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News and inspiration from nature’s frontline, featuring inspiring guests and deeper analysis of the global environmental issues explored every day by the Mongabay.com team, from climate change to biodiversity, tropical ecology, wildlife, and more. The show airs every other week.
92 Episodes
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Acclaimed environmental journalist John Vidal joins the show to discuss the current pandemic's links to the wildlife trade and the destruction of nature.  We speak about his recent Guardian/Ensia feature on what we know about the origins of the outbreak, what he’s learned while reporting from similar outbreak epicenters in the past, how the destruction of nature creates the perfect conditions for diseases to emerge, and what we can do to prevent future outbreaks. See related Mongabay podcast episode: How studying an African bat might help us prevent future Ebola outbreaks Here’s this episode’s top news: National parks in Africa shutter over COVID-19 threat to great apes Shell of bioluminescent shrimp not only glows but detects light Seychelles extends protection to marine area twice the size of Great Britain If you enjoy this show, please invite your friends to subscribe via Android, Apple Podcasts, Google Podcasts, Stitcher, TuneIn, Spotify, Pandora, or wherever they get podcasts. Please visit www.patreon.com/mongabay to pledge a dollar or more to keep this show growing, Mongabay is a nonproft media outlet and all support helps! See our latest news from nature's frontlines at Mongabay's homepage: news.mongabay.com or find us on Facebook, Twitter, and Instagram by searching for @mongabay. Feedback is always welcome: submissions@mongabay.com.
The songs, calls, clicks, and bumps of beluga whales, bearded seals, bowhead whales, ribbon seals, and walrus are the stars of this episode, which also features the co-author of a recent study that used bioacoustics to assess how variation in sea surface temperature and sea ice extent affects these animals' populations in the northern Bering Sea. Dr. Howard Rosenbaum is the director of the Wildlife Conservation Society’s Ocean Giants Program, and his team is creating an acoustic baseline for how marine noise pollution and climate change are affecting large mammals in this area of the Arctic. Learn more about Dr. Rosenbaum's team's study here and press play to hear the fascinating sounds they captured. Here's this episode's top news: Conservationists set the record straight on COVID-19’s wildlife links Record-high global tree cover loss driven by agriculture In Afghanistan, a new national park carries hopes for conservation and peace If you enjoy this show, please invite your friends to subscribe via Android, Apple Podcasts, Google Podcasts, Stitcher, TuneIn, Spotify, Pandora, or wherever they get podcasts. Please visit www.patreon.com/mongabay to pledge a dollar or more to keep this show growing, Mongabay is a nonproft media outlet and all support helps! See our latest news from nature's frontlines at Mongabay's homepage: news.mongabay.com or find us on Facebook, Twitter, and Instagram by searching for @mongabay. Feedback is always welcome: submissions@mongabay.com.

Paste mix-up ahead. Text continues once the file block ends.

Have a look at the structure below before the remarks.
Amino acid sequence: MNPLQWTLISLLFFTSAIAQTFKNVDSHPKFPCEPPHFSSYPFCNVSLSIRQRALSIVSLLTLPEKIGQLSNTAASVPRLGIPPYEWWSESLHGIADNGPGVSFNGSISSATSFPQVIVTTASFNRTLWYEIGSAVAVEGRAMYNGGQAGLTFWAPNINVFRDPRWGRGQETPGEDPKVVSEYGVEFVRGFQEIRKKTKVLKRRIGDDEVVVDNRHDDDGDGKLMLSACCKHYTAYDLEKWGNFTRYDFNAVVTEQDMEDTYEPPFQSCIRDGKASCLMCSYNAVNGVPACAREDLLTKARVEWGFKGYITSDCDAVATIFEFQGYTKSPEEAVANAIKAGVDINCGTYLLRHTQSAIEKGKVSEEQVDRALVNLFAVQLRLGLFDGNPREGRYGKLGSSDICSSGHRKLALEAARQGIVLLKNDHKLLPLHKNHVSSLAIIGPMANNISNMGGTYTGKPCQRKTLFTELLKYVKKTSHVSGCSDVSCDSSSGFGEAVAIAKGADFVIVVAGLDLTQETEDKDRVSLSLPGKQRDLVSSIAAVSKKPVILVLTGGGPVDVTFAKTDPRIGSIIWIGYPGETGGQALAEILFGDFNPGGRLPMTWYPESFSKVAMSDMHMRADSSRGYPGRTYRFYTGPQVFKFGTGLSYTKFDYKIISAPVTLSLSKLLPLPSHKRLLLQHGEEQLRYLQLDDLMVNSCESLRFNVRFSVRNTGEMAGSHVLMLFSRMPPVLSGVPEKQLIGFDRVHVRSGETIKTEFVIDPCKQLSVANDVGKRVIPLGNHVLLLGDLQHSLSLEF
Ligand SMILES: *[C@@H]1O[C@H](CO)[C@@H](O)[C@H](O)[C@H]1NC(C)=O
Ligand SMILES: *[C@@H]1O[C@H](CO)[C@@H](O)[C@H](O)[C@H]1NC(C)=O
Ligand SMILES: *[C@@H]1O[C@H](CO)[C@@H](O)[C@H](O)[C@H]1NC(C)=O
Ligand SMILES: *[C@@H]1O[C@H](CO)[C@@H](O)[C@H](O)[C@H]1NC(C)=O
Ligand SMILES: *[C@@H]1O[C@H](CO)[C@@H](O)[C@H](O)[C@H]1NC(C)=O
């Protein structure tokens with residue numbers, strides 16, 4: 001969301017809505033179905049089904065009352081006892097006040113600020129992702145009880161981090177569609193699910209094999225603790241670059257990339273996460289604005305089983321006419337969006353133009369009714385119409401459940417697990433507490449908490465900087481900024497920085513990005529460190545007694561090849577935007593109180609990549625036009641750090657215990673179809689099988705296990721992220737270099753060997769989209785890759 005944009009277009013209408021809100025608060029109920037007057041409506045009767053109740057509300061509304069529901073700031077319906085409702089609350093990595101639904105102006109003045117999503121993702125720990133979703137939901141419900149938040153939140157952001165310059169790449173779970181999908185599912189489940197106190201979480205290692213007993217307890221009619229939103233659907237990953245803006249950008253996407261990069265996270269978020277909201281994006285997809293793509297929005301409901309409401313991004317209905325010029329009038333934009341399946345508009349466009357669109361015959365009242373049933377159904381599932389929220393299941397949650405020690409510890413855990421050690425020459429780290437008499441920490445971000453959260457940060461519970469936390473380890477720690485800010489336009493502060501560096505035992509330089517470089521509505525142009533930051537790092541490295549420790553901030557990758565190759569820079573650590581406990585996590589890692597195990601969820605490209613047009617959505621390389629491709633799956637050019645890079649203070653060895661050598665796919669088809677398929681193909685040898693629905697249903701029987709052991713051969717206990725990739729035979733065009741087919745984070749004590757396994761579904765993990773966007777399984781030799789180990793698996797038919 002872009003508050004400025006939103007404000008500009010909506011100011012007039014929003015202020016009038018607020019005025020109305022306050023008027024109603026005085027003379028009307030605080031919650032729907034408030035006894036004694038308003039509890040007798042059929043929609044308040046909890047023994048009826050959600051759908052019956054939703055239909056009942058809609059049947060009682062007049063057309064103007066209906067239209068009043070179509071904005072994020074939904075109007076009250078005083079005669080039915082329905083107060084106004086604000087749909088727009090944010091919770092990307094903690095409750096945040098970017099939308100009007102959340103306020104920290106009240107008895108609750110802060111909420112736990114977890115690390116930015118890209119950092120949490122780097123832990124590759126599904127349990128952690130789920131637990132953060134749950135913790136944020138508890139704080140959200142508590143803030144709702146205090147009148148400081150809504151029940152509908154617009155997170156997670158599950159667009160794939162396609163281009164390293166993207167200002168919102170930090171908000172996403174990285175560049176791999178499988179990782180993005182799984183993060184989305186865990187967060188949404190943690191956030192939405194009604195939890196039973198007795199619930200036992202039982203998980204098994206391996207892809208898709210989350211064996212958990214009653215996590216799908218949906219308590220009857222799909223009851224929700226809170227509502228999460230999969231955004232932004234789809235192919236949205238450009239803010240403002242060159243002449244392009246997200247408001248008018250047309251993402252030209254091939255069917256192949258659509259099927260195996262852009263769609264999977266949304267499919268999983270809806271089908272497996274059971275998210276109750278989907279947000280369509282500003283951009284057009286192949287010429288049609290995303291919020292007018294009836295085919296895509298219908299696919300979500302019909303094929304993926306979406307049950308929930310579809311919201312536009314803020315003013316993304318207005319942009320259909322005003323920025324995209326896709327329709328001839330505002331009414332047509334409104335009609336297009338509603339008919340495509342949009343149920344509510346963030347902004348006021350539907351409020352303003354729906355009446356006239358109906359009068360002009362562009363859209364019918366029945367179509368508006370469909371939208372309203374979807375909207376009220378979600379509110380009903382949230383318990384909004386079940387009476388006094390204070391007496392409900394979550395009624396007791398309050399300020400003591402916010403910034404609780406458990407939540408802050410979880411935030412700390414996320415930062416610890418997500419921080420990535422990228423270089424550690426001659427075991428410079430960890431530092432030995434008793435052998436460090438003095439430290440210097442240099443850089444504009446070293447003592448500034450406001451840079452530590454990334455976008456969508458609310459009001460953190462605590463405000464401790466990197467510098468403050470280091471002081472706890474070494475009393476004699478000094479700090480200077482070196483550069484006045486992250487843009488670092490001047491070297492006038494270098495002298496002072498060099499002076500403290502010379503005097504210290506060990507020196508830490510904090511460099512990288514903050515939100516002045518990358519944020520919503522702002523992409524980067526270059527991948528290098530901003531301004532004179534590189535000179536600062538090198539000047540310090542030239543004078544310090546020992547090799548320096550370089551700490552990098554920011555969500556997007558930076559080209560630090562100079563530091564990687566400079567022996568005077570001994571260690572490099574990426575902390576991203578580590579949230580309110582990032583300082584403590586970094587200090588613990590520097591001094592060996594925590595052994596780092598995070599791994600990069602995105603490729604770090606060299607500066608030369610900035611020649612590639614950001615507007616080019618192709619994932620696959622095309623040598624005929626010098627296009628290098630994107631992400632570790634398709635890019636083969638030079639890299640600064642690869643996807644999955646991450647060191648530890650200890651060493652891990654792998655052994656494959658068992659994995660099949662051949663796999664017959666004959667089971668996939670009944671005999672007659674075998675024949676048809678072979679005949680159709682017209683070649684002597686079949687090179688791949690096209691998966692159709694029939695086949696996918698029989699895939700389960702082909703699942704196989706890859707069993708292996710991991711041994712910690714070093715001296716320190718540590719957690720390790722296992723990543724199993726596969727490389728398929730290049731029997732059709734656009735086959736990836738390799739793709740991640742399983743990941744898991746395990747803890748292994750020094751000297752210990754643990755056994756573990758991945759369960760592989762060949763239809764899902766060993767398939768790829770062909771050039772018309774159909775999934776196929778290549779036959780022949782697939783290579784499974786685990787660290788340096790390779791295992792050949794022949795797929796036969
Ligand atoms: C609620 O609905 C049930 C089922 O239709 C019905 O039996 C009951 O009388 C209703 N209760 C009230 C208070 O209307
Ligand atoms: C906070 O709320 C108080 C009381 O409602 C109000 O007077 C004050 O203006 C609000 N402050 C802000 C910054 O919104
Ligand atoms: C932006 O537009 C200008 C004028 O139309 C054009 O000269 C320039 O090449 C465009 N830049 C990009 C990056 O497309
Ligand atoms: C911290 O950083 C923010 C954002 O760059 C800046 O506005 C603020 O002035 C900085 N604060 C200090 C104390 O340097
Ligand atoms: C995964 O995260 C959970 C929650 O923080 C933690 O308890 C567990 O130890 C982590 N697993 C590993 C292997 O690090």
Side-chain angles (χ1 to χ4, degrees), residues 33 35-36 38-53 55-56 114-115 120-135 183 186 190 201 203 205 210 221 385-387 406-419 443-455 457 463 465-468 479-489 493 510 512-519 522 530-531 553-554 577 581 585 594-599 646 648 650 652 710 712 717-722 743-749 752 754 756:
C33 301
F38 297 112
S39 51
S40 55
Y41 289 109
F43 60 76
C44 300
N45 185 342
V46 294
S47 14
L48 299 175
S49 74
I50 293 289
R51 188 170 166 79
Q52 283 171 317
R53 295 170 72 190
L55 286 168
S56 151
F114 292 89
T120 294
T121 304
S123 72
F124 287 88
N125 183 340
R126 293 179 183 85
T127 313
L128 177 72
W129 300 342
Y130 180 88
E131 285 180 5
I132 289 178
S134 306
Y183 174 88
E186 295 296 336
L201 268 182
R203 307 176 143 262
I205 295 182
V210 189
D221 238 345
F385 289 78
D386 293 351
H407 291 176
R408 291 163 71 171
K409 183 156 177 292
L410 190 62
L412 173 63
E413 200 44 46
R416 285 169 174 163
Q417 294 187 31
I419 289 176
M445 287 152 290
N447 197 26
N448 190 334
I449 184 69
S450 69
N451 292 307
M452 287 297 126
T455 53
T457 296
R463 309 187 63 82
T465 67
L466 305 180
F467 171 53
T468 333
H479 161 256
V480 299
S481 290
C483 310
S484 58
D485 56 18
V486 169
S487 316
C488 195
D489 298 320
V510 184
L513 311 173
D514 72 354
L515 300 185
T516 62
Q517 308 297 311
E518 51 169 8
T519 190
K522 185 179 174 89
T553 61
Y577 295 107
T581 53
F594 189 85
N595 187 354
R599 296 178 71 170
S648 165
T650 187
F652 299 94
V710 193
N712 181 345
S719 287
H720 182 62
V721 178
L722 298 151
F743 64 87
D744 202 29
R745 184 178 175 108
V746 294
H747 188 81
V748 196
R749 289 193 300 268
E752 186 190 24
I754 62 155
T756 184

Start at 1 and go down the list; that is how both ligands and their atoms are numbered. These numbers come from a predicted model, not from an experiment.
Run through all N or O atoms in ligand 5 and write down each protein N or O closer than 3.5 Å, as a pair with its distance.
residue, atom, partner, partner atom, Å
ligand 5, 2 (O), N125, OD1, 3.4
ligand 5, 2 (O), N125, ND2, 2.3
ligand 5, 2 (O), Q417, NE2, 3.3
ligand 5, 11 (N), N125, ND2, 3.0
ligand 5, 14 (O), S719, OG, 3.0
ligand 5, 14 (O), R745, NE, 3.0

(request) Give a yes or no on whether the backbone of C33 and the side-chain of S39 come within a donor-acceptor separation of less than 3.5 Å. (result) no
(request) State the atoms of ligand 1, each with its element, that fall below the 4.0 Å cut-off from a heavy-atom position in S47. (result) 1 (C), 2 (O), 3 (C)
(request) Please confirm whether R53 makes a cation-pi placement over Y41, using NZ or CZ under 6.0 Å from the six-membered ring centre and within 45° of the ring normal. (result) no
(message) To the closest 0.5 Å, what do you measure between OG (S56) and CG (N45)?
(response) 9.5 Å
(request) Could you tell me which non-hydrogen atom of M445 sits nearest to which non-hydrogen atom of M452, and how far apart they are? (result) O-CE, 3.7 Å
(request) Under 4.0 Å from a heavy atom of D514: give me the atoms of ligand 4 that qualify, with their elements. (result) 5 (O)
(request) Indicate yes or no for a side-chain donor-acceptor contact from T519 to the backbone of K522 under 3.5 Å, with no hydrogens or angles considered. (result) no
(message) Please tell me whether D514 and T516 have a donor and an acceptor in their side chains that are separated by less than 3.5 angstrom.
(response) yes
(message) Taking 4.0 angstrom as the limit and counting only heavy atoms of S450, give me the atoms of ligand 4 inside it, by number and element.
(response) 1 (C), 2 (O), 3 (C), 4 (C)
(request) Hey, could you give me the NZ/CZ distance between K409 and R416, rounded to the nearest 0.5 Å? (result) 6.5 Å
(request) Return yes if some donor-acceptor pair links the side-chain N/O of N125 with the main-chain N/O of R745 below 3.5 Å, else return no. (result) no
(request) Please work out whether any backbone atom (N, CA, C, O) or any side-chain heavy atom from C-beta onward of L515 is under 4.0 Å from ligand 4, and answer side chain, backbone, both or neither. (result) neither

Shah Selbe is a rocket scientist who put his engineering skills into building a lab that uses open-source technologies to empower local communities to solve conservation challenges. His team has been deploying technologies like drones, sensor networks, smartphone apps, and acoustic buoys to monitor protected areas, wildlife, and biodiversity. But their big news is the launch of the open-source hardware and online platform FieldKit that anyone can use to deploy a local sensing network and mesh that with remote sensing data for real-time ecosystem monitoring: he joins us to discuss its potential plus the conservation tech he’s currently most excited about. Here’s this episode’s top news: China beefs up wildlife trade ban as COVID-19 outbreak intensifies ‘Out of control’: Unprecedented fires ravage Brazil’s Pantanal wetlands Camera traps confirm presence of lowland gorillas in central mainland Equatorial Guinea for first time in over a decade If you enjoy this show, please invite your friends to subscribe via Android, Apple Podcasts, Google Podcasts, Stitcher, TuneIn, Spotify, Pandora, or wherever they get podcasts. Please visit www.patreon.com/mongabay to pledge a dollar or more to keep this show growing, Mongabay is a nonproft media outlet and all support helps! See our latest news from nature's frontlines at Mongabay's homepage: news.mongabay.com or find us on Facebook, Twitter, and Instagram by searching for @mongabay. Feedback is always welcome: submissions@mongabay.com.